Analytics in Casino Industry

–  By Khushbu Mehta

Image result for casino image

“A dollar won is twice as sweet as a dollar earned,” said Paul Newman in The Colour of Money. But with growing competition for the entertainment dollar, winning over customers has never been more challenging.” Casinos are being run like financial services firms and analytics professionals are moving from banking to the gaming industry. That makes some sense, since companies in both industries need to balance financial risks and returns in making decisions and placing their business bets. Hence casino companies are highly relying on analytical technologies.

Analytics were applied to general business issues mainly in marketing but recent development said it could be applied on the gaming floor. Running a casino presents a big stats problem and a correspondingly large opportunity. Casino managers know the probability of gamblers winning different games, but laying out the floor to optimize the amount of money that can be taken in is not a sure bet. All those games generate plenty of data, though. That combination makes the casino industry a prime candidate for analytical technologies and applications.

Rom Hendler, chief administrative officer at Las Vegas Sands Corp., owns nine casinos and resort facilities firmly believes in the idea that data analytics gives casino operators an edge . “Analytics technology is essential to be competitive,” he said in an interview at SAS Institute Inc.’s 2014 Premier Business Leadership Series conference in Las Vegas.

When deciding which games to offer or replace, casinos may look at historic results and reason that games which were popular in the past will continue to be so in the future. Therein lies a missed opportunity. With lot invaluable customer data available, a growing number of casinos around the world are turning to advanced analytics to assist with slot floor planning. Making sense of the data is important. SAS-based analytical technologies help to predict the impact of moving games from one area of a casino floor to another. To start, they collect data on how much money each game, whether table games or slots, currently brings in. They also collect information on how people move about the casino. When the gathered data is combined with the odds of a particular game paying out, the analytics team can model what its performance would look like in different locations to help determine where the game should be placed in order to achieve the optimal performance level. The process of positioning games brings into a broader data-driven approach to optimizing revenues. For example, Hendler said a good way to encourage gambling is to give customers free nights or discounted dinners in the hotel that houses a casino. But the casino would lose money if it did so for everyone, because some people don’t gamble much. To help highlight such offers, Sands runs customer analytics applications on data it has collected showing how often individuals gamble, how much money they tend to spend in the casino and what kinds of games they like.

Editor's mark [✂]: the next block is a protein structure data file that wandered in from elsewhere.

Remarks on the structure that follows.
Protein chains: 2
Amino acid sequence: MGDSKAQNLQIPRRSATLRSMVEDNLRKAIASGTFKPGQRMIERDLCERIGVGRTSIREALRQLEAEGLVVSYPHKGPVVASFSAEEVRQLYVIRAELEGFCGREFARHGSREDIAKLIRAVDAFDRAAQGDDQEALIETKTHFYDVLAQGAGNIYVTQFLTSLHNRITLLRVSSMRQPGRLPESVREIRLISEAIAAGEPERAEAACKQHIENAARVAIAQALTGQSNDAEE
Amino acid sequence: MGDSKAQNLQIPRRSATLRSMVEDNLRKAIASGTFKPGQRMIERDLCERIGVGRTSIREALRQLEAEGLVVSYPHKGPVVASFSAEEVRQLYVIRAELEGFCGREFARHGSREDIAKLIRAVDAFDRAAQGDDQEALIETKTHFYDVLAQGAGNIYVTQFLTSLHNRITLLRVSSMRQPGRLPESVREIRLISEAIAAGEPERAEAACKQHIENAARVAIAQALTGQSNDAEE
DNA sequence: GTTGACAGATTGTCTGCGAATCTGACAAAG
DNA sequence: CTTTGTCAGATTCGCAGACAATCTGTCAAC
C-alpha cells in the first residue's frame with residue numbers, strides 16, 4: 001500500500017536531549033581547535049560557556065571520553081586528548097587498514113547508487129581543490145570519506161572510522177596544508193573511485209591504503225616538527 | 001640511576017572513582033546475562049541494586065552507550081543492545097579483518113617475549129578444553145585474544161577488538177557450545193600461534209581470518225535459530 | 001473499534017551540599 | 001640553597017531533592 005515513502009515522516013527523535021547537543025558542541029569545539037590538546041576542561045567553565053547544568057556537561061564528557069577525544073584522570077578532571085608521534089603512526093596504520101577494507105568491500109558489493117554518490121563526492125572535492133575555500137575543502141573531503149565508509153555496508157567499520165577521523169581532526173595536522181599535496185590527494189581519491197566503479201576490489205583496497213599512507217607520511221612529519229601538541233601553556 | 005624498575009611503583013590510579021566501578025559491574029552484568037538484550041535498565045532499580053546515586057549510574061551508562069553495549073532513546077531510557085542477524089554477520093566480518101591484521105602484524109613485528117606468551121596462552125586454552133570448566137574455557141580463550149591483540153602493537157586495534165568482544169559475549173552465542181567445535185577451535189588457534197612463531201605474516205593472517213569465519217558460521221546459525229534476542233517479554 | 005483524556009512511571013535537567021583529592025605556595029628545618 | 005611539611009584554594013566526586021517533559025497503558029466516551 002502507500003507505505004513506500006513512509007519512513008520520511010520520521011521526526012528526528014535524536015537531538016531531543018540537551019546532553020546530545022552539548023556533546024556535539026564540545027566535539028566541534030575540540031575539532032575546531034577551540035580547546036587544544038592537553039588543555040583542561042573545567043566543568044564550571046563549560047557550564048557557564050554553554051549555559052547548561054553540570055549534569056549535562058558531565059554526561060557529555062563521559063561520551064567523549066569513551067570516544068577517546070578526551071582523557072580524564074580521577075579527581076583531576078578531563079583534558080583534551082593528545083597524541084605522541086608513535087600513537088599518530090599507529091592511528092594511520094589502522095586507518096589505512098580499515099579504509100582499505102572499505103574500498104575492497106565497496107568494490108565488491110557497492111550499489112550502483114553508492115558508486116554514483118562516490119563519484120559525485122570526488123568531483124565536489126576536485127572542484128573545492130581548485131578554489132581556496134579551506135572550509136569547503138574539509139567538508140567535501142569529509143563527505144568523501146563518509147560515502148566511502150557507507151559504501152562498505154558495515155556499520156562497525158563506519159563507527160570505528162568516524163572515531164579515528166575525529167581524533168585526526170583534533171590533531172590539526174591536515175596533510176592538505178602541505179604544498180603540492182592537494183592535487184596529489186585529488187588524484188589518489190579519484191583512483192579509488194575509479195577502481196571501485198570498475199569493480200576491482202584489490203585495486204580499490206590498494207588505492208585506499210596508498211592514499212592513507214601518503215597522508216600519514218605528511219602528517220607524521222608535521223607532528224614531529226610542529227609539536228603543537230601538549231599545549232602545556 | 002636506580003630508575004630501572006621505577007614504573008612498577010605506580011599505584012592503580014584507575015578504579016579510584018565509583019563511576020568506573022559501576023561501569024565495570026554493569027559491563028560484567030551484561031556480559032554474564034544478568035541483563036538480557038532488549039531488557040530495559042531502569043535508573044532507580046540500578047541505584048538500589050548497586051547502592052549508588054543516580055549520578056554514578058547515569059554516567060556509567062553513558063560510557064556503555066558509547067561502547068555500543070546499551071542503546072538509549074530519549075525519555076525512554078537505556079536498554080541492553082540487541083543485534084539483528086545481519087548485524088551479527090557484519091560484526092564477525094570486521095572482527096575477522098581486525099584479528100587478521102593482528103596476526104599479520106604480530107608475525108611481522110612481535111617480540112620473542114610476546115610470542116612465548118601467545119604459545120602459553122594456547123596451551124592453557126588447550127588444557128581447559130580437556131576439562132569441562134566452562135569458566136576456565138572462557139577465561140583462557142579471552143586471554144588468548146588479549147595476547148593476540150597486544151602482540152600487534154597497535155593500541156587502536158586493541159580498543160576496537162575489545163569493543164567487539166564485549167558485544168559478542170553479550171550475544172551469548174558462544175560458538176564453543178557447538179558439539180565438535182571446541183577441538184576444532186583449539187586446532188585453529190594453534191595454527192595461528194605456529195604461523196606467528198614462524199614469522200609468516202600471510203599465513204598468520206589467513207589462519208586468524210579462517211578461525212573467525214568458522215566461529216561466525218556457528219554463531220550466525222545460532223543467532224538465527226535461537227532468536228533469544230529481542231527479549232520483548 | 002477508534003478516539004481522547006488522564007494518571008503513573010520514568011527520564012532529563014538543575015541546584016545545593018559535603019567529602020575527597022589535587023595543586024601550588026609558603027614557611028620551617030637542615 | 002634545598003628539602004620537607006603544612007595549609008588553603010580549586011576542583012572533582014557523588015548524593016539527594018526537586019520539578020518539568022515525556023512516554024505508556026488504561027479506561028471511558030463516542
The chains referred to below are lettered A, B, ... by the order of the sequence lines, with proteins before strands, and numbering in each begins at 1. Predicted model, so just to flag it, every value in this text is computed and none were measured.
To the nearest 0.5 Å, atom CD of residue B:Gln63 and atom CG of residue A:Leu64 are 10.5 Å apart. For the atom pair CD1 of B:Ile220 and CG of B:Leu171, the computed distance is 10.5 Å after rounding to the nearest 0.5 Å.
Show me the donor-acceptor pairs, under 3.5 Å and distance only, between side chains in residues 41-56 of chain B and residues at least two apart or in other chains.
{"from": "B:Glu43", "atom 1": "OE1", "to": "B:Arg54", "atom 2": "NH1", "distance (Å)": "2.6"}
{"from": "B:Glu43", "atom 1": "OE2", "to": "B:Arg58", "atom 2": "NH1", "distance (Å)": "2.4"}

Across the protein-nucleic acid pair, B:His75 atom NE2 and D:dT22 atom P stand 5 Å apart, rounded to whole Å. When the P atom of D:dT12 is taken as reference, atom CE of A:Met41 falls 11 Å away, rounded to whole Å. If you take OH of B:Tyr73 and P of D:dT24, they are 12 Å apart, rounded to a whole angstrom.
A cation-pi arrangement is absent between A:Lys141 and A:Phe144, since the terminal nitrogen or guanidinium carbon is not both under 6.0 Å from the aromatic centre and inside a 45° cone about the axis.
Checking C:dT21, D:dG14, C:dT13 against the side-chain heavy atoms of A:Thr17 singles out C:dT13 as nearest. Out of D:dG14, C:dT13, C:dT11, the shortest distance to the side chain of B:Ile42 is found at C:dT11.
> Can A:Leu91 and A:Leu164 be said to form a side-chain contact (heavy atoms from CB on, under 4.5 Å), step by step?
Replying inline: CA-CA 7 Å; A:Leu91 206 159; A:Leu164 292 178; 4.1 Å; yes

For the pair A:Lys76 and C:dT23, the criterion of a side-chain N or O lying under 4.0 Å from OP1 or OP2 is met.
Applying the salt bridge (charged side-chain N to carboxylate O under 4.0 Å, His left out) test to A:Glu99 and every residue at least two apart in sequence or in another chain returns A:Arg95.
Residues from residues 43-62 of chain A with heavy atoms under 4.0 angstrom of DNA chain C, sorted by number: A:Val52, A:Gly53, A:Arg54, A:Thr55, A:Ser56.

The first step in the process was assessing and cleaning the available data to enable a detailed categorization of relevant information to gain insights into slot performance to date. The data needed to be reviewed and revised for consistency to allow the history of similar games to be tracked. This was a key challenge of the initiative because results of analysis can only be as good as the information that gets analysed.

Next, the team used this information to provide a best-case predictive forecast into how each game would perform in the year to come. In the process, it became possible to begin collecting insight into leading predictors of guest preference that would optimize profitability while supporting the integrity of fair and random play.

Leveraging categorization and each game vendor’s market research, it became possible to isolate a surrogate to help it analyse options for new game purchases. Moving forward, the technology will allow the industry to predict the potential impact of changes on slot performance based ‘what if ’ scenarios. This provides much greater forecasting power than the traditional approach to decision making, which was limited to reports based on one variable, looking exclusively at historical data.

Finally, advanced optimization was utilized to determine the best approach to future business, considering factors such as physical space and budget. This information will help them optimize its slot purchase options, including the analysis of which machines to replace and when to replace them, while also ensuring player experience is not hampered through down-time. In the end, the solutions offered by the test case promise a new perspective.

This solution has helped to immediately improve the understanding of customer preferences. As the databases become richer with new game and machine attributes, they’ll also have stronger predictors of long-term performance, allowing us to make better decisions in the future.






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